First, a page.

The narrow coastal region of Dalmatia, in the Adriatic Sea, stretches along the shorelines of the western Baltic nations. The warm climate, rich culture and crystal-clear waters of this area are fast making it a hotbed for an ever-growing tourist influence.
This iconic Croatian city, nestled on the Adriatic coastline, has a rich history stretching back to the 13th century when Dubrovnik ruled itself as a free state as the Republic of Ragusa. The bright orange terracotta roofs and mighty fortress walls of the city's Old Town have become one of modern Croatia's most popular tourist attractions.
Charming and picturesque, this UNESCO World Heritage site has a rich array of culturally and historically important buildings from the world's oldest arboretum, the Aboretum Trsteno to one of the continent's oldest pharmacies, dating back to the 14th century. The looming parapets of this historic destination have seen their fair share of hardships over the years, most famously and recently the tragic bombardment of the city by the Yugoslav People's Army in 1991 during the Croatian War of Independence, following the bloody breakup of former Yugoslavia.
The turquoise waters of the Cetina River cut their way through the limestone rocks of the Dinaric Alps mountain range, cascading down to the basin of the river on its way to the Adriatic Sea. This route through the karst mountain range creates some of the region's most breath-taking scenery. The dramatic panoramas of Cetina Gorge are truly awe-inspiring, the mountain sides rising high up on both flanks and the valley dotted with half-sunken copses and well-to-do restaurants. An excursion along the Dalmatian coast would not be complete without a cruise diverting up the mouth of the Cetina and into this wondrous natural landscape.
Stretching for many miles along the picturesque Croatian coastline is the Makarska Riviera. One of the country's most beautiful spots, it is no surprise that it has fast become one of its most iconic and popular tourist destinations. Sitting between the towns of Brela and Gradnac, the sweeping coastline is rich in white beaches, temperate pine forests and lines of pretty white yachts. An ideal day can be spent by hopping between the stunning resort towns and traditional villages along the route or by ascending the lofty heights of Biokovo Mountain by cable car.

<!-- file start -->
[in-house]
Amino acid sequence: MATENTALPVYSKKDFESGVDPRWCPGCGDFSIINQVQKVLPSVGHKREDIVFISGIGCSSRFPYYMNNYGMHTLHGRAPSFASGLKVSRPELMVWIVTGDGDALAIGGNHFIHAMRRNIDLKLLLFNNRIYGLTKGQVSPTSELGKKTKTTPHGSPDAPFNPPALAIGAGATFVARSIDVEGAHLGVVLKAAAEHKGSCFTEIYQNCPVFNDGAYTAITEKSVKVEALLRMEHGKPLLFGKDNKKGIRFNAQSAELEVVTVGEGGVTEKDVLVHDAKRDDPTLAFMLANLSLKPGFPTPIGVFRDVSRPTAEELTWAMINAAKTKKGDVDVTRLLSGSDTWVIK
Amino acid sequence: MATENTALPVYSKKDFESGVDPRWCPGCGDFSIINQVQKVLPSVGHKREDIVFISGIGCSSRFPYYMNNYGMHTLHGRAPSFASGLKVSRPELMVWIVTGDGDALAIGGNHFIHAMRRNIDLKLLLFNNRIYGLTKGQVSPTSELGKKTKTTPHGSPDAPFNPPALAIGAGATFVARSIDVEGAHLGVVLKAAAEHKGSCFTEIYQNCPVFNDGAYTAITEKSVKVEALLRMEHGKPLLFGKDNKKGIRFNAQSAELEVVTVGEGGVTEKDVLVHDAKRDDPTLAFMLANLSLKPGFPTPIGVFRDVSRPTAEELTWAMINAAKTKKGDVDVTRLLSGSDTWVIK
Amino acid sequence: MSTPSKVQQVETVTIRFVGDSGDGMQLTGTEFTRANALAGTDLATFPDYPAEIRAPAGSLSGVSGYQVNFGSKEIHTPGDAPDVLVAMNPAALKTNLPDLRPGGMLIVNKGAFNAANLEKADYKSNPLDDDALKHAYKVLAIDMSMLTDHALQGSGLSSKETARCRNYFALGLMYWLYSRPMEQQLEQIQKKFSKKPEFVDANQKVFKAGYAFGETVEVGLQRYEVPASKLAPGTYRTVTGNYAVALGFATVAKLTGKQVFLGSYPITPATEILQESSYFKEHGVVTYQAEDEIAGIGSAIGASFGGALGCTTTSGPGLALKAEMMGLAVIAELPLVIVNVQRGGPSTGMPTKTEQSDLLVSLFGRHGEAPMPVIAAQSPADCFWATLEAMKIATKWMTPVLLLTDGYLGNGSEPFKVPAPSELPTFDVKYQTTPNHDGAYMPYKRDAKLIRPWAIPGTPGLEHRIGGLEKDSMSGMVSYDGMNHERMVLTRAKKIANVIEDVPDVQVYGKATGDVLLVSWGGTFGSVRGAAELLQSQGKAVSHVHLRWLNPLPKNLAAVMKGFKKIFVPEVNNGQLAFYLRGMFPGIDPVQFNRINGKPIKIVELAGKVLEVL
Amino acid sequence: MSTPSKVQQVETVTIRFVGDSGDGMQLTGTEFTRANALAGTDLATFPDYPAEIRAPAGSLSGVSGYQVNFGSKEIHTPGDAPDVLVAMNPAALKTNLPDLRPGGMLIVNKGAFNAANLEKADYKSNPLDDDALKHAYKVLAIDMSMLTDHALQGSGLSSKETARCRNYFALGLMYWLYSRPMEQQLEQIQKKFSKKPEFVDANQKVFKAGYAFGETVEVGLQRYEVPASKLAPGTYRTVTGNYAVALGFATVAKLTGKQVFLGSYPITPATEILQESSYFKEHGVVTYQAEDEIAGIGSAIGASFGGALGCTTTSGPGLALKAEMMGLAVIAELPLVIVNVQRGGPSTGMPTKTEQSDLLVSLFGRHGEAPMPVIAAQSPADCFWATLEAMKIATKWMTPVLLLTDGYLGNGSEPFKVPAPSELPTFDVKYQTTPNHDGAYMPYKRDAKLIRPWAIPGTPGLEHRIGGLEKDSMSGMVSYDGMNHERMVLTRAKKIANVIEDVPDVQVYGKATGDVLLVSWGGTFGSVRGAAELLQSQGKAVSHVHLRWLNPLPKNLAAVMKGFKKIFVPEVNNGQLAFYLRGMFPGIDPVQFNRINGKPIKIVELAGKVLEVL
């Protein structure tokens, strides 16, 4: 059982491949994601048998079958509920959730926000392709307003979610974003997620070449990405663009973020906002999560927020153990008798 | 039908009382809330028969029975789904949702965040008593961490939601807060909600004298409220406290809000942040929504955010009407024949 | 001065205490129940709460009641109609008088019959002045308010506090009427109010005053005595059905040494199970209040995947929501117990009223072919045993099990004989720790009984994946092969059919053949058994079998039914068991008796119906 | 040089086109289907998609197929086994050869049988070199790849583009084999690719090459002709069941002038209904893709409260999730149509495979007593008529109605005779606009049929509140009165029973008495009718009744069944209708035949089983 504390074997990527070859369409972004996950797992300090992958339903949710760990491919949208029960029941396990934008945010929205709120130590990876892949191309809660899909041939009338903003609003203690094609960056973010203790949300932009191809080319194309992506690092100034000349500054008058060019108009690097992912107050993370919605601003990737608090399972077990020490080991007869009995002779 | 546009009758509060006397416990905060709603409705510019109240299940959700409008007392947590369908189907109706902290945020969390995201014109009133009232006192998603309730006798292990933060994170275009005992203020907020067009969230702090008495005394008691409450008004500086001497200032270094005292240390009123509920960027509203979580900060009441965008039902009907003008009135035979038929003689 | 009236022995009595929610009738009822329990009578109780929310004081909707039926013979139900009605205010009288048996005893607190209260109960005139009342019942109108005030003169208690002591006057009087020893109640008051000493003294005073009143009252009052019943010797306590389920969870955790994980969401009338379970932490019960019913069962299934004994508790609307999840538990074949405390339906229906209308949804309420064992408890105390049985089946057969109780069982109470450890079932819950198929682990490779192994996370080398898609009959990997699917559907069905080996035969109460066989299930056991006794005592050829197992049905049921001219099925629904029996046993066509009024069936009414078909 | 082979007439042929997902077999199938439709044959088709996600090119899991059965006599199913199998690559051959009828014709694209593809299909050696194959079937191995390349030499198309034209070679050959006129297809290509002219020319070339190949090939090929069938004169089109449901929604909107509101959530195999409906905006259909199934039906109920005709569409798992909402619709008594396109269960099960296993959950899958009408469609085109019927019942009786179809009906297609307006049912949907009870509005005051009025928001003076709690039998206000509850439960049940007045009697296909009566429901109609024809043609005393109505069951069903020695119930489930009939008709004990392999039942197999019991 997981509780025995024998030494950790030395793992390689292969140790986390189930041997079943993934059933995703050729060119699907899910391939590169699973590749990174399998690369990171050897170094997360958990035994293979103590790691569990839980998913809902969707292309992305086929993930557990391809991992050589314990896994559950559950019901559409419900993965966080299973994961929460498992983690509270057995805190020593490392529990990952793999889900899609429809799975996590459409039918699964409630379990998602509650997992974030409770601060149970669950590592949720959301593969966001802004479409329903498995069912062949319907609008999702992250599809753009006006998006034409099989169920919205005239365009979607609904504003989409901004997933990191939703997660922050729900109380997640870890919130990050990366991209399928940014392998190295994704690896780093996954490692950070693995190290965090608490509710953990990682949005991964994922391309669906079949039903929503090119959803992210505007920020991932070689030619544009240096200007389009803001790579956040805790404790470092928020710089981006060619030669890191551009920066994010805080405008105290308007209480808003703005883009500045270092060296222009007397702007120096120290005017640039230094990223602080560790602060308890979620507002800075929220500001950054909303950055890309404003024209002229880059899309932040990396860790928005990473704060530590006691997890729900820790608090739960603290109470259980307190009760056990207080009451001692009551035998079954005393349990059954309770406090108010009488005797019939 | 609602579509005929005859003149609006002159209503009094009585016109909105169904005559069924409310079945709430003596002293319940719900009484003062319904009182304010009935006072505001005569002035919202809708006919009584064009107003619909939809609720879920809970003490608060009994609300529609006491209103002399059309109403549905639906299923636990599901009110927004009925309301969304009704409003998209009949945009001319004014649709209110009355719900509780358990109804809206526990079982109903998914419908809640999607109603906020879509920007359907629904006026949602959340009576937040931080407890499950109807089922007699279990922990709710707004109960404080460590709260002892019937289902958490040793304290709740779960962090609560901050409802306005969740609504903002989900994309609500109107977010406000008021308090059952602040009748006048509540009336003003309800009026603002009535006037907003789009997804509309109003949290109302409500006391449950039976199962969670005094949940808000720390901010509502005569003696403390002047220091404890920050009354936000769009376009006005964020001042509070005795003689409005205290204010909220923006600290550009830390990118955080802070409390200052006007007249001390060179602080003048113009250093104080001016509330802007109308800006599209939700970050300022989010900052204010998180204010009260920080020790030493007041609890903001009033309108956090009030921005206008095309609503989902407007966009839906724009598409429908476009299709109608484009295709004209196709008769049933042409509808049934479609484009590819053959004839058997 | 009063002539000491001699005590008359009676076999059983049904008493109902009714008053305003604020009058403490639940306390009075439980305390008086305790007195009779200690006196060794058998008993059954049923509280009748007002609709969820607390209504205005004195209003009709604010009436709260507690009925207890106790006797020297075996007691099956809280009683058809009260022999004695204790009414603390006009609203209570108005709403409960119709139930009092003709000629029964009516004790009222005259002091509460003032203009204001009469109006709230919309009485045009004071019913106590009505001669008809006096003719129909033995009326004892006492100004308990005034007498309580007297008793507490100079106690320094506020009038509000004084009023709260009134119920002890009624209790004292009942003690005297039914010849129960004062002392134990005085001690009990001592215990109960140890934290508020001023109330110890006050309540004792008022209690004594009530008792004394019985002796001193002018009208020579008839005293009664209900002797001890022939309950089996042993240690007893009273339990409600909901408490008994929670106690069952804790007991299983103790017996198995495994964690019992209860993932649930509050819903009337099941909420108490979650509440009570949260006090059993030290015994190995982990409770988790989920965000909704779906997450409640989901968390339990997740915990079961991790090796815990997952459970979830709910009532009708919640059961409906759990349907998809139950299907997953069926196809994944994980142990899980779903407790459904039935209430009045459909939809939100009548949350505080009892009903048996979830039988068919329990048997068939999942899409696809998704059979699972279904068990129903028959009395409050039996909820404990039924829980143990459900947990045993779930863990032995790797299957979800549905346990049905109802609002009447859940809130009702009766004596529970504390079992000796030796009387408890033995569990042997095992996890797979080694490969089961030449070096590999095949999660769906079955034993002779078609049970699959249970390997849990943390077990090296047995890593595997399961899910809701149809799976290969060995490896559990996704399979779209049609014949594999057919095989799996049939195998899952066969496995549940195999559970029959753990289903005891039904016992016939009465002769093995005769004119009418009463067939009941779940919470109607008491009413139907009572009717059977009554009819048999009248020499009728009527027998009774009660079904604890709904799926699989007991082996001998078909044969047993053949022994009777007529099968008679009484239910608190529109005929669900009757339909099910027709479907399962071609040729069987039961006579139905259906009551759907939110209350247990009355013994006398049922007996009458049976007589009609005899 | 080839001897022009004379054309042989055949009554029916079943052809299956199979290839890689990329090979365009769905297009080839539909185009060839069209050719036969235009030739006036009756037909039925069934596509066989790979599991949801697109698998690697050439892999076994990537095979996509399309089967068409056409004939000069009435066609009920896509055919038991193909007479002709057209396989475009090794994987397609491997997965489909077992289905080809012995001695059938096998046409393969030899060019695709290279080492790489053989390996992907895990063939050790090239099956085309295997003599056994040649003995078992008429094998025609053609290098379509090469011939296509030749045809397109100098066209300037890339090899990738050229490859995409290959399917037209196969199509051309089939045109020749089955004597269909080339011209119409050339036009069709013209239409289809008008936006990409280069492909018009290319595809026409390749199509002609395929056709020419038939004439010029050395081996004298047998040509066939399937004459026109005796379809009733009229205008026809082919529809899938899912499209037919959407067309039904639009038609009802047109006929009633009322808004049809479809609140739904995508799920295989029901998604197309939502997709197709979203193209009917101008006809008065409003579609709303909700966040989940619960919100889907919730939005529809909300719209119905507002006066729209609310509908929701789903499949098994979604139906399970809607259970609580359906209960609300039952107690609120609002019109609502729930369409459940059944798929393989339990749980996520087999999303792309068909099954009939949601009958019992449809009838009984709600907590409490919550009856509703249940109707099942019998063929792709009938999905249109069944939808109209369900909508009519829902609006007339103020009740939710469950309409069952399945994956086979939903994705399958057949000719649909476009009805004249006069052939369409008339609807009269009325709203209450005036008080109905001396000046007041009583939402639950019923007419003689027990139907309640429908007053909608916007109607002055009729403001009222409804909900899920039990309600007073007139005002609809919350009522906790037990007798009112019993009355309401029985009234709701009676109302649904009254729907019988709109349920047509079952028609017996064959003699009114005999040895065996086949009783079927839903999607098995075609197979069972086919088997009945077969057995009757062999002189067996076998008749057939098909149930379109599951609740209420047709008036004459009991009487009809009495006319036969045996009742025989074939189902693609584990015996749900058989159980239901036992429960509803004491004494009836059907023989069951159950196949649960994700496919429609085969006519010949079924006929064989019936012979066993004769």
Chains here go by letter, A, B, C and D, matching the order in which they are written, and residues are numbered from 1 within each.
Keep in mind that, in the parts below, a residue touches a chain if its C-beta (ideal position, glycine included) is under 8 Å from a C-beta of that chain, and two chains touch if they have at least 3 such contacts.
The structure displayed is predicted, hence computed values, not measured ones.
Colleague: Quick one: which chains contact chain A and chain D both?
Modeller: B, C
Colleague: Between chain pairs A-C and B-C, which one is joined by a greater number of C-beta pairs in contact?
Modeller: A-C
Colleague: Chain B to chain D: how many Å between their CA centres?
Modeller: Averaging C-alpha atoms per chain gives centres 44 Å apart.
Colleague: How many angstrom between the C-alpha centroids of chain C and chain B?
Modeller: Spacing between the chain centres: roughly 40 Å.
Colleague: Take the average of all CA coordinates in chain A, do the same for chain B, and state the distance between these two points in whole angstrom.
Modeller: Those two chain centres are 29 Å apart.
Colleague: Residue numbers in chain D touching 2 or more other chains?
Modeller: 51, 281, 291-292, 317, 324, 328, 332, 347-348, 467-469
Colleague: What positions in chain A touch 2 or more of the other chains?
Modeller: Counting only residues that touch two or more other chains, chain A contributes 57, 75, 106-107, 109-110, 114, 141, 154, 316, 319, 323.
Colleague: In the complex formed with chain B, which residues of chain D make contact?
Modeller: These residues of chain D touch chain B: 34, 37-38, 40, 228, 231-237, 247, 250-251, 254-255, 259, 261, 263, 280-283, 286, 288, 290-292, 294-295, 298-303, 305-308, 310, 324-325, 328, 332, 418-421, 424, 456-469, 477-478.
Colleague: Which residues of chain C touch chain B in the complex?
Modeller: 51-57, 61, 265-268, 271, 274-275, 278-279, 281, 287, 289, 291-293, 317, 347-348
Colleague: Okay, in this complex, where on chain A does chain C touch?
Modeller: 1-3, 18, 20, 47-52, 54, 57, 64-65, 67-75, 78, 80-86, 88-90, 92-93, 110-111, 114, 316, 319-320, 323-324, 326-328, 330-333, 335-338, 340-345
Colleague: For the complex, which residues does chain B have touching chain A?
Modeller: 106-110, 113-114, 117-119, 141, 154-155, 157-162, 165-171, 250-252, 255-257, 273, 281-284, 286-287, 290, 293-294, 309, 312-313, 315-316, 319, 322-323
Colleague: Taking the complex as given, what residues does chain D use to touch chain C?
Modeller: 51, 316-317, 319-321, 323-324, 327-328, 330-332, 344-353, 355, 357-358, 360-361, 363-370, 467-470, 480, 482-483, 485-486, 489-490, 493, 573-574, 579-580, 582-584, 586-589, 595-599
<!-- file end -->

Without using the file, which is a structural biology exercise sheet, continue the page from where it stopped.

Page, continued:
The former seat of the Croatian Kings, the medieval fortress of Klis once guarded the frontier and is situated atop a rocky precipice above the town of the same name. Klis has a long history stretching back to the ancient Illyrian tribe of Dalmatae, who held it as a small outpost. From then it grew through the medieval ages into a Royal Palace before becoming an important bastion in the defence of the nation from Ottoman advancement in the 16th century. In modern times, Klis has become an excellent example of a medieval fortress and its high parapets provide wonderful views of the valley below.
Located just inland on the border with Bosnia-Herzegovina is the quiet town of Imotski. This traditional Croatian community is famous for its twin Lakes. Crveno Jezero, the Red Lake is the deepest Karst rock lake in Europe and lies far down in a limestone valley behind the Biokovo Mountain. Just over the ridge is its sister lake, Modro Jezero, the Blue Lake. The Blue Lake's waters are perfect for a swim and its shoreline is a popular spot for locals and tourists. A site of wonderful natural beauty, the two lakes are steeped in tradition and have a long history that is integrally intertwined with the towns and villages of the nearby area.
Explore this fascinating locations during the generous amount of free time gifted to customers on Rail Discoveries' fantastic Croatian escorted rail holidays.